The following code(using commons codec Base64):
byte a = Hex.decodeHex("9349c513ed080dab".toCharArray()); System.out.println(Base64.encodeBase64URLSafeString(a)); System.out.println(Base64.encodeBase64String(a));
gives the following output:
k0nFE-0IDas //should be k0nFE-0IDas= k0nFE+0IDas=
k0nFE-0IDas instead of
k0nFE-0IDas=. Why is this happening?
Why is this happening?
Because that's what it's documented to do:
Note: no padding is added.
= characters at the end of a base64 string are called padding. They're used to make sure that the final string's length is a multiple of 4 characters - but they're not really required, in terms of information theory, so it's reasonable to remove them so long as you then convert the data back to binary using a method which doesn't expect padding. The Apache Codec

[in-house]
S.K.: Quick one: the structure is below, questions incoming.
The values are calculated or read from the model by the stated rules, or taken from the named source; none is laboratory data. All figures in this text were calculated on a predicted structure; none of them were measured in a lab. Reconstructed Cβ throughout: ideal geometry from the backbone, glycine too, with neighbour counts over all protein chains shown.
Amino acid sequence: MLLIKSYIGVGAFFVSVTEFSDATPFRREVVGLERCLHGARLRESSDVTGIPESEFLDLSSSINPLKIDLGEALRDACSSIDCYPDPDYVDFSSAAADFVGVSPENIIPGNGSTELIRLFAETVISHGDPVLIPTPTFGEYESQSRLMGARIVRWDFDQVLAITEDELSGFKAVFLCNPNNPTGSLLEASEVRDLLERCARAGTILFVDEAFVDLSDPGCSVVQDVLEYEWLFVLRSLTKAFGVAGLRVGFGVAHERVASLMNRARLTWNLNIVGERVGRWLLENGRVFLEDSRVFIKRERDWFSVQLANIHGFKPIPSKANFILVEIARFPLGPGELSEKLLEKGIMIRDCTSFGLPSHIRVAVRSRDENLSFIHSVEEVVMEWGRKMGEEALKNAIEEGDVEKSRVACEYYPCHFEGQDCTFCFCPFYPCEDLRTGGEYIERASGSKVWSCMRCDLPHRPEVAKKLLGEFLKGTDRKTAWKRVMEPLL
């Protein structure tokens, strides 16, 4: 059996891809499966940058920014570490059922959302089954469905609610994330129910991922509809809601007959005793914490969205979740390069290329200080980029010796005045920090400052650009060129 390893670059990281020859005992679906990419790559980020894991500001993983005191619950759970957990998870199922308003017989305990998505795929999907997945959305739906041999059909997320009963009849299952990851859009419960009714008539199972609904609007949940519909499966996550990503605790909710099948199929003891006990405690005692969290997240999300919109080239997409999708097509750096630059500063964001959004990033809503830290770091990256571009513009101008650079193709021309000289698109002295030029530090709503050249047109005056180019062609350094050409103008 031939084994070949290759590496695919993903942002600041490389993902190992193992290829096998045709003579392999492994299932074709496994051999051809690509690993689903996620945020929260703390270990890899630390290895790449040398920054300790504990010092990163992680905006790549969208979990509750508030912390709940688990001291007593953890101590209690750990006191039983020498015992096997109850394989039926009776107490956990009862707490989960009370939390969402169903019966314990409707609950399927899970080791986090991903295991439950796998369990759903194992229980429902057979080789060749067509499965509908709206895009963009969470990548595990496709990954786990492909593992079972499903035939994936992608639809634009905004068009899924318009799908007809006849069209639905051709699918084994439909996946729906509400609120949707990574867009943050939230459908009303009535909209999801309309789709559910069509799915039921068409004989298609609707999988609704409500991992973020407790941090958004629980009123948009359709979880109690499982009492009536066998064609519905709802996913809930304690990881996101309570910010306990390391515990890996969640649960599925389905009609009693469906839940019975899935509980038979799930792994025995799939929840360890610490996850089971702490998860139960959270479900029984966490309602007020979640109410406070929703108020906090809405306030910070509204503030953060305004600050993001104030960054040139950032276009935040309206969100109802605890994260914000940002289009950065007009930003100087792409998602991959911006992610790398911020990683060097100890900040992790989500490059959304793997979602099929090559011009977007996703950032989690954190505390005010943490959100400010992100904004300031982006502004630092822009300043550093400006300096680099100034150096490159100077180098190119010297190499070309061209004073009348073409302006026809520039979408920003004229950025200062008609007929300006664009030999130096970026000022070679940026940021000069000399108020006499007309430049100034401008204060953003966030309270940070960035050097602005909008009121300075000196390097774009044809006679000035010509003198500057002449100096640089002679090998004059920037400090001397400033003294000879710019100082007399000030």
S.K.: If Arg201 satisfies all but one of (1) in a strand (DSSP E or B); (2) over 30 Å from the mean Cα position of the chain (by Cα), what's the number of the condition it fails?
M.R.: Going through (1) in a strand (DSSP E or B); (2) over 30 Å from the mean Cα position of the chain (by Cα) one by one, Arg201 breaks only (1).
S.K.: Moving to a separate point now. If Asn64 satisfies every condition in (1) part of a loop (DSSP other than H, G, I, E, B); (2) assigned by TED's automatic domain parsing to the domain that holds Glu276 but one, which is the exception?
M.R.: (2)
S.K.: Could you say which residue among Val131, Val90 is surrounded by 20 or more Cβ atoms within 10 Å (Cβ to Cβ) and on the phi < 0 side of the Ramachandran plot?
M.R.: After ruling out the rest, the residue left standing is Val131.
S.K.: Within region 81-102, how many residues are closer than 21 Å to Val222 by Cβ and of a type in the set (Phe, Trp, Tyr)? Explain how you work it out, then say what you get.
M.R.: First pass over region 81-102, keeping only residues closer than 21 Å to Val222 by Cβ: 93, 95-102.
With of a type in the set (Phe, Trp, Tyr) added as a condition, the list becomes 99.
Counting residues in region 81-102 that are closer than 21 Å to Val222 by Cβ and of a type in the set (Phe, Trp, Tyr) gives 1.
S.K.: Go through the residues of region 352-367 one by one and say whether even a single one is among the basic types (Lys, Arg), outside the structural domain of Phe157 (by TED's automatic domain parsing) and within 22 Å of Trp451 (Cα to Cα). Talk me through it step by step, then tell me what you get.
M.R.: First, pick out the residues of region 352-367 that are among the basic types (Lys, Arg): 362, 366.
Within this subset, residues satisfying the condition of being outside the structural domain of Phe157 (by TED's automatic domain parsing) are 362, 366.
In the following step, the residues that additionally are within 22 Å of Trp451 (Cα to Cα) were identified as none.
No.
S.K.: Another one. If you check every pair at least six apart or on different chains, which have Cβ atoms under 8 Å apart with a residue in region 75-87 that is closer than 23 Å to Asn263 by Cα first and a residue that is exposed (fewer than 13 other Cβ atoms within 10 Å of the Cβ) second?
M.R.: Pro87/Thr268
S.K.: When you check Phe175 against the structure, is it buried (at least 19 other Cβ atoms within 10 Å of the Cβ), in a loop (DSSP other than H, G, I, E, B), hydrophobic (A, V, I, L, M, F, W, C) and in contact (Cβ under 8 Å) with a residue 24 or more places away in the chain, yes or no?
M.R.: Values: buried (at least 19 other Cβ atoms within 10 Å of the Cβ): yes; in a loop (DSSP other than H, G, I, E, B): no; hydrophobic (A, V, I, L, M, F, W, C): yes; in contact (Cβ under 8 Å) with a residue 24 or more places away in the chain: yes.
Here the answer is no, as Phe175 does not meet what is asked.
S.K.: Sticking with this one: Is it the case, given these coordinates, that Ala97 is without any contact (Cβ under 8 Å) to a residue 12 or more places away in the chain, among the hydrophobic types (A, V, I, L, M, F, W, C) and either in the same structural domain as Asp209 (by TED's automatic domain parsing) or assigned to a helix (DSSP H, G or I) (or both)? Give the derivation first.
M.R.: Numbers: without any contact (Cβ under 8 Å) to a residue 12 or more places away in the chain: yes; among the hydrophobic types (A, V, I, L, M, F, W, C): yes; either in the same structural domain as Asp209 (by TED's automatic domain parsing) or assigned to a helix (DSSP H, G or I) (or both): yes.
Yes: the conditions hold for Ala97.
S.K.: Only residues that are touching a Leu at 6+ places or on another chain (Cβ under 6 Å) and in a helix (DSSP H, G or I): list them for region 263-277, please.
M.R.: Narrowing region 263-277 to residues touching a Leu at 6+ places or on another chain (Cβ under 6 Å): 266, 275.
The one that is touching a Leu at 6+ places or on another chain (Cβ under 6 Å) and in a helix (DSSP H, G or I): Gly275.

Base64 class claims it transparently handles both regular and URL-safe base64, so presumably does handle a lack of padding.
See more on this question at Stackoverflow